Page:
(Like the perfect cocktail, the ingredients for the perfect query letter must be just right)
When I wrote The Lake Michigan Affair, the book I am currently querying, I didn’t set out to write a book that I would want to publish. I had written my first book, ever and had loved the process. My husband encouraged me to do it again, to write another book. I wrote The Lake Michigan Affair during NaNoWriMo. I had a loose idea of the story and the first sentence when I started. I knew Rosalie, the main character really well, her voice was strong.
When I finished the book, I walked away in awe of what I had created. I never thought I would write a book, let alone two, up to that point, and in a month no less! I edited the book and handed it out to my two trusted beta readers. I braced myself, just because I thought it was good, didn’t mean they would. They both came back with constructive criticism, a sign of a true beta reader, but overall said I needed to publish the book, it was more than good enough.
I have spent the past two years, editing and revising, making it as perfect as I possibly can to go out in the wide world. Finally, after much prodding, I decided to try to publish the book. I knew I wanted to go the traditional route. Leave it to me to take the more difficult route, not that any publishing route is easy. I began to read any resource I could get my hands on to start crafting my query letter.
The query letter is the letter that you send to a potential agent about the book you have created and who you are. Basically, it is the sales pitch for your book, the first of many. I started back in February, naively thinking I had written a great letter. I sent the letter out in earnest. The first draft of the letter held most of the components needed, in a loose order as they should have been put. If I am being honest, it was a trainwreck.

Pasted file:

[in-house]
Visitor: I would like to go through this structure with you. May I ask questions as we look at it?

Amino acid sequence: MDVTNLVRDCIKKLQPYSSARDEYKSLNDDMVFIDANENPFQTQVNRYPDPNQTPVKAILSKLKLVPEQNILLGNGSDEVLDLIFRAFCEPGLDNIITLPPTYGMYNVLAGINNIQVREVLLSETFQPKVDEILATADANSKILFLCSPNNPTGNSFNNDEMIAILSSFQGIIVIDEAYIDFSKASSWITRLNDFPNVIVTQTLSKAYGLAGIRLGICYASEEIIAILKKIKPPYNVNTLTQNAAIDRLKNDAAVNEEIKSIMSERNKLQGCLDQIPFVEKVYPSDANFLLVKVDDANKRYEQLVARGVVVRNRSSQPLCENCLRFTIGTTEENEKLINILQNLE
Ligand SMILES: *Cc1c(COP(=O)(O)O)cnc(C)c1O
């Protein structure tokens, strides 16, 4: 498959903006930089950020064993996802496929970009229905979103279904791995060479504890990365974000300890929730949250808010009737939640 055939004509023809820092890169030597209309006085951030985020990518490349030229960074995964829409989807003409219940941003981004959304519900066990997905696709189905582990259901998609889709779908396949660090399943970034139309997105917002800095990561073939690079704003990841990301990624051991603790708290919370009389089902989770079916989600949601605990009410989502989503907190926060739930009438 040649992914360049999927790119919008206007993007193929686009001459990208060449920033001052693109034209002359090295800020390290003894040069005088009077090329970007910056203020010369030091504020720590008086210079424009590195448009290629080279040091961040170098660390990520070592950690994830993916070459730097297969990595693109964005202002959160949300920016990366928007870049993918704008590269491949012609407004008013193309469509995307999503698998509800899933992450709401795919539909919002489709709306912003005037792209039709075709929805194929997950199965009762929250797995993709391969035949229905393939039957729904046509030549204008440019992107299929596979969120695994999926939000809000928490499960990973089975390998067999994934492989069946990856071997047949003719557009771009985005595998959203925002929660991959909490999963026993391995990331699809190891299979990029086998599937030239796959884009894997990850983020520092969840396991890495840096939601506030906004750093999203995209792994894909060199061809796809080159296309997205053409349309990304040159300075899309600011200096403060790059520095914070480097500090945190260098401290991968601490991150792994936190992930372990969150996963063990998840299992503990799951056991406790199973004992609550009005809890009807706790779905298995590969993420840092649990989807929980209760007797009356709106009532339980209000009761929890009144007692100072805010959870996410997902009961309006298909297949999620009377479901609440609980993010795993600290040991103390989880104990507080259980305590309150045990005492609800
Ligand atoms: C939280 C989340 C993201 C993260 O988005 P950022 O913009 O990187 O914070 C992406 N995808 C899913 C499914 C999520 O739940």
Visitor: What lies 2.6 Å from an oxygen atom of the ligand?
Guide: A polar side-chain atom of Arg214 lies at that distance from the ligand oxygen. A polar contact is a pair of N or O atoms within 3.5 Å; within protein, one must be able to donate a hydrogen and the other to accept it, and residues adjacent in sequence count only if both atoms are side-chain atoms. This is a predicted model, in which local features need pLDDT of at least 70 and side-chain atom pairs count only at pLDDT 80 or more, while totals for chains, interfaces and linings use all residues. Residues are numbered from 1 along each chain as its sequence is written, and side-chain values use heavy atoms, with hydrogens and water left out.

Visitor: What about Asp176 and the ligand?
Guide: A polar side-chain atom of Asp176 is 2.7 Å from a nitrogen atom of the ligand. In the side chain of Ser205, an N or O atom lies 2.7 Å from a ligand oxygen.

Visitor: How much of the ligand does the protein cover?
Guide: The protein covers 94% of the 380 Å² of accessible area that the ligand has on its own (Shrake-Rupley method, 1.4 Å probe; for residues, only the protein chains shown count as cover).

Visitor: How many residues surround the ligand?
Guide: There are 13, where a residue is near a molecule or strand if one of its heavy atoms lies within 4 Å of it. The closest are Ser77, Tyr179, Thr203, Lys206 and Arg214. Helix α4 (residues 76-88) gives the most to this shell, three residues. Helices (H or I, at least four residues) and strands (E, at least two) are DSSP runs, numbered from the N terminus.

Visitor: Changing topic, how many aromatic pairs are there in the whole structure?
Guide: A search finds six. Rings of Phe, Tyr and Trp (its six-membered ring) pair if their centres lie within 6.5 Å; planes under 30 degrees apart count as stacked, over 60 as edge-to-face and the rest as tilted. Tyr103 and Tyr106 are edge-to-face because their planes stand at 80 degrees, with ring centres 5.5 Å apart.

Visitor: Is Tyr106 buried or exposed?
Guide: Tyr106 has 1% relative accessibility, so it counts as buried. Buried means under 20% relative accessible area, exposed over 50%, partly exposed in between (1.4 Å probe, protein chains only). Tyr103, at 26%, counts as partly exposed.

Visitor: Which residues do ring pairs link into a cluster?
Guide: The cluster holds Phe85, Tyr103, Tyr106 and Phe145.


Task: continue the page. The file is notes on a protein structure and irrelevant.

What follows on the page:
Here is where the irony comes in, I am working on a Master’s in Public Relations, I know how to study and learn, I write marketing pieces every day, yet I cannot seem to get this letter correct. I was commenting to my husband my distress at not getting that magical cocktail that is the query letter correct, and my deepest fear that my query letter is destroying any real chance that the book will even get looked at.
What is even more ironic is not being able to sell my own work in a letter. I write marketing pieces almost daily. I know that I really only have to get it right once! If an agent asks for the entire book or more pages, I know I have got the “query cocktail” right. Now, I am speaking completely out of my depth here, but I am hoping to only have to ever query an agent once. I have several books finished, and I do not want to go through this process for each one, I would like to be a wealth of work for my agent. This idea may be completely absurd, maybe each book has to go through the process each time.
As painful as it is, I could handle the work not being good enough but my fear is that the agents aren’t even getting past the letter. I continue to scour the internet for advice, tips, tricks. I am not a quitter and I know that the best things in life are earned. I am earning this, hopefully, each letter revision at a time. I feel like that famous line from, Game of Thrones, “You know nothing, John Snow,” but more like “You know nothing Jackie Thomas.”
There are no shortcuts to where I want to be, well maybe there are a few, but they are not in my reach. I can’t buy my way in, nor am I the child of any celebrity, so I am going to have to keep plugging away, head up, shoulders back and onward.